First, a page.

>>>


You are free to write the next command on the shell only after executing the first command.


>>>"hello World"
'Hello World'
>>>


Python Shell/Console would open up to look like the following image


python SHELL


b) Python IDLE


IDLE is Python’s Integrated Development and Learning Environment. Basically, it lets you open, save, edit and execute python files with the extension .py. We will get into the details once we start coding. Most people don’t prefer this while coding, it just has the basic functionalities needed for a python script while third-party IDEs like PyCharm let you add additional packages/plugins that would let us have all that we need for a said project in one place.


Python IDLE


3. PyCharm Editor


PyCharm is a third-party IDE (Integrated Development Environment) from JetBrains. It is one of the most widely used IDE by web developers. Let’s just say it makes our life a bit easier while making stuff like a website(using a framework like Django or flask) or a standalone python application. It provides us with all our necessary tools in one place in a click or command. I will explain more about PyCharm and how to use it in another post. For now, let’s just say it’s a free and good option for a beginner. It’s also worth noting that PyCharm comes with a Community (free to use) and Professional version.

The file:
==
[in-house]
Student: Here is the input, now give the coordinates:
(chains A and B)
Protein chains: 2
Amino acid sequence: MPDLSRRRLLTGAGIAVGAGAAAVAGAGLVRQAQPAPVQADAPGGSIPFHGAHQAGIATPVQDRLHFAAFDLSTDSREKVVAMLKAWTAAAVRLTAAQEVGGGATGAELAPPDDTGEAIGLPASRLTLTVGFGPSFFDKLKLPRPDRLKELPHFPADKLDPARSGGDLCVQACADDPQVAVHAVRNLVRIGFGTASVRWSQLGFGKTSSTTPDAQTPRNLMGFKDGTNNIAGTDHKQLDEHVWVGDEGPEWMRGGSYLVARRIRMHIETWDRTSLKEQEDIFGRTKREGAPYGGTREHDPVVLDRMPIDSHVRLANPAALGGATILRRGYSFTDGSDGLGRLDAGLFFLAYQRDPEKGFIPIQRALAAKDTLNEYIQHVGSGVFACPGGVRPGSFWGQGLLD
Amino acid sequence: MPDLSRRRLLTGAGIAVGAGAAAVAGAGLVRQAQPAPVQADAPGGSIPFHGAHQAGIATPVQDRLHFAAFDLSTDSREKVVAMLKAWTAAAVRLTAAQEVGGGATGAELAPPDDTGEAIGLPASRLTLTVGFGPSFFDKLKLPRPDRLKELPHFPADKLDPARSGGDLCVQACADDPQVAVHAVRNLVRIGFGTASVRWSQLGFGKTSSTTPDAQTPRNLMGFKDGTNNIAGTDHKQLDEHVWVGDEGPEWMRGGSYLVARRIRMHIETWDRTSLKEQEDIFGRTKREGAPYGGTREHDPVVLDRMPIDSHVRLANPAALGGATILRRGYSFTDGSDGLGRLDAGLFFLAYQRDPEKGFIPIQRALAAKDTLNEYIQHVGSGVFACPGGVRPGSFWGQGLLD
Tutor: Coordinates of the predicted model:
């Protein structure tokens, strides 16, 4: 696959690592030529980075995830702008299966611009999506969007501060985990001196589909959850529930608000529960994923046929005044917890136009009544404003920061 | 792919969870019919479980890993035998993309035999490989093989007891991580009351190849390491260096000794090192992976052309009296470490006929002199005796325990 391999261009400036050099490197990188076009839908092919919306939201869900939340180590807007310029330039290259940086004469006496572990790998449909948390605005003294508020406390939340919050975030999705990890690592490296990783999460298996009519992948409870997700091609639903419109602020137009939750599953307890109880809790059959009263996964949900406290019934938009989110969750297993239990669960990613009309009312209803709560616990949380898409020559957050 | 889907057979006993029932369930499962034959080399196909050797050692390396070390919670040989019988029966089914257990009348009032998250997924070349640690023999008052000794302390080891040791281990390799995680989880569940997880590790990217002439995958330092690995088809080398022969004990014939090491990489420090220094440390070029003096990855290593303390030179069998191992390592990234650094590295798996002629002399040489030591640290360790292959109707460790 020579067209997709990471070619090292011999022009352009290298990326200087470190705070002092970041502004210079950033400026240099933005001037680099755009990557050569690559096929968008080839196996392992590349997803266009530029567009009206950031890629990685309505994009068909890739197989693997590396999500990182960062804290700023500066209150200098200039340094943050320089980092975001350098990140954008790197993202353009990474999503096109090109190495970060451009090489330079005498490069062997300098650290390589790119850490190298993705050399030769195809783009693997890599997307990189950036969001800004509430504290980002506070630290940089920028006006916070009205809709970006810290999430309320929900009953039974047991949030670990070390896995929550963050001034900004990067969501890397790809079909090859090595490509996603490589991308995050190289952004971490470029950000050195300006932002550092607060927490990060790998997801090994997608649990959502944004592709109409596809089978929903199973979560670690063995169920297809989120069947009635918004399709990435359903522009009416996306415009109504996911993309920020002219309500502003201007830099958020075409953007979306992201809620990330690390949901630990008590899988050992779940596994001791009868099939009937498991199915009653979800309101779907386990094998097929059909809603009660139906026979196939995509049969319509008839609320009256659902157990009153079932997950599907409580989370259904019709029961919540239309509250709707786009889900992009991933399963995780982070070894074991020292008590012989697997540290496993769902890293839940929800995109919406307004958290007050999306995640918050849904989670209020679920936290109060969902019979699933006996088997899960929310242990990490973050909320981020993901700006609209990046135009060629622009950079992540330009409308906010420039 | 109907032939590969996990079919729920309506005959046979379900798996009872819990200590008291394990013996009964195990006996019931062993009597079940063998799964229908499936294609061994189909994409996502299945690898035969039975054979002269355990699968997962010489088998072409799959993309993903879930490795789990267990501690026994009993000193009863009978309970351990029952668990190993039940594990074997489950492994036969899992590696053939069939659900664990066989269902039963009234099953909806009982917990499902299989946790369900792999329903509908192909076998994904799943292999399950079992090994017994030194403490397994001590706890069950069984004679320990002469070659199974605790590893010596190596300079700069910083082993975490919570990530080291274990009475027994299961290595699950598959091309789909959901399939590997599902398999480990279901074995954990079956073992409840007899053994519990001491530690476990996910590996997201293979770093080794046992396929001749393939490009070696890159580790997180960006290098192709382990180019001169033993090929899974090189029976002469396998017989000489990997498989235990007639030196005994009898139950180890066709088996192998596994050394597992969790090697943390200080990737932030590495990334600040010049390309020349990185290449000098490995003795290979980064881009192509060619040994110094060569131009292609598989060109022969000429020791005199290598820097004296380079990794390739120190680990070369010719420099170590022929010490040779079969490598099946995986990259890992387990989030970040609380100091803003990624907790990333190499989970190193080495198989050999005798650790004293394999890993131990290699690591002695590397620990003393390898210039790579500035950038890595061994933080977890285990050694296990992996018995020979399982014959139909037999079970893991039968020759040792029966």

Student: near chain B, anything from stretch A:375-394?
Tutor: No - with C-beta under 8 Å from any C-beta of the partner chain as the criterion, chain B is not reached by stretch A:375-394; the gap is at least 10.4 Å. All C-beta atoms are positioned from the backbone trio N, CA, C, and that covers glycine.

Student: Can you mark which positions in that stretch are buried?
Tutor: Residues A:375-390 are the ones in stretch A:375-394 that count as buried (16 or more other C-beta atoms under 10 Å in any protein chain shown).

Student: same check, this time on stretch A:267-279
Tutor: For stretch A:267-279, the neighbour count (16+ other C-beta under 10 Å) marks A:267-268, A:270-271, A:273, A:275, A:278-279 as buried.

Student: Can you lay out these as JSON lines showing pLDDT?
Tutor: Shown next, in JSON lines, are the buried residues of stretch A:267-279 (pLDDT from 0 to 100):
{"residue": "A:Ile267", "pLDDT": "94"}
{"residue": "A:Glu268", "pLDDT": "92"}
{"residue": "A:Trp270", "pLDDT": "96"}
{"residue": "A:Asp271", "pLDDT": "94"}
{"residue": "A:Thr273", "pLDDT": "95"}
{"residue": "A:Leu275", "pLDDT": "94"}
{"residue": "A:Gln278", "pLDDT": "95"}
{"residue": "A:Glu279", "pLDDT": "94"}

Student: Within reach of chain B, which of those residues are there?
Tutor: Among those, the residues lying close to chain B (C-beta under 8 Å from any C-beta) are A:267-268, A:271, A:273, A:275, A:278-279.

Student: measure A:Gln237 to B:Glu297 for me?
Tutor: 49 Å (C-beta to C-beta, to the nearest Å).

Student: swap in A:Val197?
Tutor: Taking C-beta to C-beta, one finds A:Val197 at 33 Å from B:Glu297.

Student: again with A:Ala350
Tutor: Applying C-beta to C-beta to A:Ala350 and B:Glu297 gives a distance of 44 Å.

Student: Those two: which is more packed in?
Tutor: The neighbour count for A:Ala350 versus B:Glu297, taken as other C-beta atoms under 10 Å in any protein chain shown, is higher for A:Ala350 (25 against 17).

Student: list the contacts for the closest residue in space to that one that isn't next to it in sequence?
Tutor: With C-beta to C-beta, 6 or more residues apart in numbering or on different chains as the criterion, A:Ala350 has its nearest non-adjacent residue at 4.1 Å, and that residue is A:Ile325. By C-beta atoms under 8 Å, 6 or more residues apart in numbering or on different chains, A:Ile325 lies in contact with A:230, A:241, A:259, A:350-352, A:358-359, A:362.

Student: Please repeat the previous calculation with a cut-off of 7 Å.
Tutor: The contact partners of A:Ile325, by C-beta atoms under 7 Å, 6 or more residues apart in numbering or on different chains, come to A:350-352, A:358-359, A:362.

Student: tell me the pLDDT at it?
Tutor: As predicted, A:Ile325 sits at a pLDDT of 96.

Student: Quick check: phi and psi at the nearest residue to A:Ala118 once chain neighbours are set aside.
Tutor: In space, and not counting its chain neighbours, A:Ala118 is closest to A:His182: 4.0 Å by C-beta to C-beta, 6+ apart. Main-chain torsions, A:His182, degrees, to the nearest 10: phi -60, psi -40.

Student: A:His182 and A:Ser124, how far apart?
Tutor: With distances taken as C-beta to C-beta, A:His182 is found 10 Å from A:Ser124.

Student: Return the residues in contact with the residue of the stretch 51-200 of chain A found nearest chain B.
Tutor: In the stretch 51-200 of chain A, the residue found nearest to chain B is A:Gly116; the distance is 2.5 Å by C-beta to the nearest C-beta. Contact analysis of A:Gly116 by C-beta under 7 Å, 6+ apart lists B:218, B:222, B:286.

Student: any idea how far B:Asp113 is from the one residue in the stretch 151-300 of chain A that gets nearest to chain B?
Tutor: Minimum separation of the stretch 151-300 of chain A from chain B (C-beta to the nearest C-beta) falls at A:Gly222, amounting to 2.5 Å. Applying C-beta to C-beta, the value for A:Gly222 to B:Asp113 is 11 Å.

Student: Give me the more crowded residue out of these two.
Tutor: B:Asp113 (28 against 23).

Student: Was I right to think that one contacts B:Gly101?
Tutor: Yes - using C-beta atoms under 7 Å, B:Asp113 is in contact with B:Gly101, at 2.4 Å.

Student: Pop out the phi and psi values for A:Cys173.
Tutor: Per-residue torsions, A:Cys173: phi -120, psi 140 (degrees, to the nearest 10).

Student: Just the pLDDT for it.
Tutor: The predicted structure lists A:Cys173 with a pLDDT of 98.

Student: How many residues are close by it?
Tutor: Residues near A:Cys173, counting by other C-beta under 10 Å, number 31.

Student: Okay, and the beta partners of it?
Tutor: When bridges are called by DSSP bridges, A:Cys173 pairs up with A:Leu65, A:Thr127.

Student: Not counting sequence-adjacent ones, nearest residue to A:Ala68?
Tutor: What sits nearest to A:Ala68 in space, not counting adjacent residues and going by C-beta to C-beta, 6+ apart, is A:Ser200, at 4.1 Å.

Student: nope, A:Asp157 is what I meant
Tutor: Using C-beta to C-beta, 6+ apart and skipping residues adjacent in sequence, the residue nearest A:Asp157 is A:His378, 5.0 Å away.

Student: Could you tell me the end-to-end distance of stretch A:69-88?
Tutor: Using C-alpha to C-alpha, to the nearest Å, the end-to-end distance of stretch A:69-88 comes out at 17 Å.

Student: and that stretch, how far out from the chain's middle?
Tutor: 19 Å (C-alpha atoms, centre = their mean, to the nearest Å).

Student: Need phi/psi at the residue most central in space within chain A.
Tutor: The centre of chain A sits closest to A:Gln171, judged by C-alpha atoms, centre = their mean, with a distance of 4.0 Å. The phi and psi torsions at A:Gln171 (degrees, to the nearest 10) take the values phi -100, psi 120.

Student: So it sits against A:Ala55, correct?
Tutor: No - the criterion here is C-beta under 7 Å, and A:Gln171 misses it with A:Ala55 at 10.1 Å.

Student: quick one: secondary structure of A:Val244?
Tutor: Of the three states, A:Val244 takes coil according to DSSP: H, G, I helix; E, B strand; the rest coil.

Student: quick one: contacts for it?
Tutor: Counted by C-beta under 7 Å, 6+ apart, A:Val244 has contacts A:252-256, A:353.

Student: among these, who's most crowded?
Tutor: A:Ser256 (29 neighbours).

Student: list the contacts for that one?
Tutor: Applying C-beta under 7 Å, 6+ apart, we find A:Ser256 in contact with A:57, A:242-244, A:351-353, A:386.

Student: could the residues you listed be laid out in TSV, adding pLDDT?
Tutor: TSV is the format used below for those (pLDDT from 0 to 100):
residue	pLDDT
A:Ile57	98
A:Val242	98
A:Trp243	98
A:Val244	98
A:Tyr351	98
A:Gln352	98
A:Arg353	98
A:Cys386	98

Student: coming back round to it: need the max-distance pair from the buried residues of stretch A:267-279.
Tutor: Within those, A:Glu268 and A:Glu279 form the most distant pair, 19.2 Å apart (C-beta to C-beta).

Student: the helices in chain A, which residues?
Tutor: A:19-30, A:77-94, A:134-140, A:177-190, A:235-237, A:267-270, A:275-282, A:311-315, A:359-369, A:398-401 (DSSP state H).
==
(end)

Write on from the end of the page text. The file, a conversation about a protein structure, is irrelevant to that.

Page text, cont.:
PyCharm


4. Sublime Text Editor


Sublime is a lightweight text editor that lets you code in many languages. Also Sublime was my choice when I started out. It’s safe to say Sublime is no less than any IDE out there especially with the packages and plugins available. The one thing that made me choose text editors over IDE was that my system used to be really crappy when I started out. An IDE would consume most of your system memory just to open up whereas a text editor can really help if you’re using a system that is low in RAM.


Sublime Text 4


5. Visual Studio Community


Visual Studio Community is a free IDE from Microsoft. The advantage while using VS Community was that it was not just made for python, it supported other languages as well. You could say that this IDE is jam-packed with a lot of features and it lets you use the same IDE if you want to code in other languages (like C++ or .Net).


Visual Studio 2019 Community Edition


6. VS Code


VS Code is another contribution from Microsoft but it’s not an IDE like its community cousin. It’s needless to say it consumes less RAM compared to an IDE. But you can add extensions to it based on the requirements and expand its functionality.


VS Code


7. Atom Editor


Atom is another great text editor(hackable), and it’s from the github team. So all the github extension that come along with it are implied. This is a text editor much preferred in the web development circle of python.


8. Python as a scripting language


All of the 3d software I mentioned in the beginning use python as a scripting language, meaning I can use python to modify the already present functionality of the software. If your intentions are to use python for scripting, chances are the software comes with a free python interpreter inbuilt. You could stick to that for learning and altogether avoid the installation of any text editor or IDEs.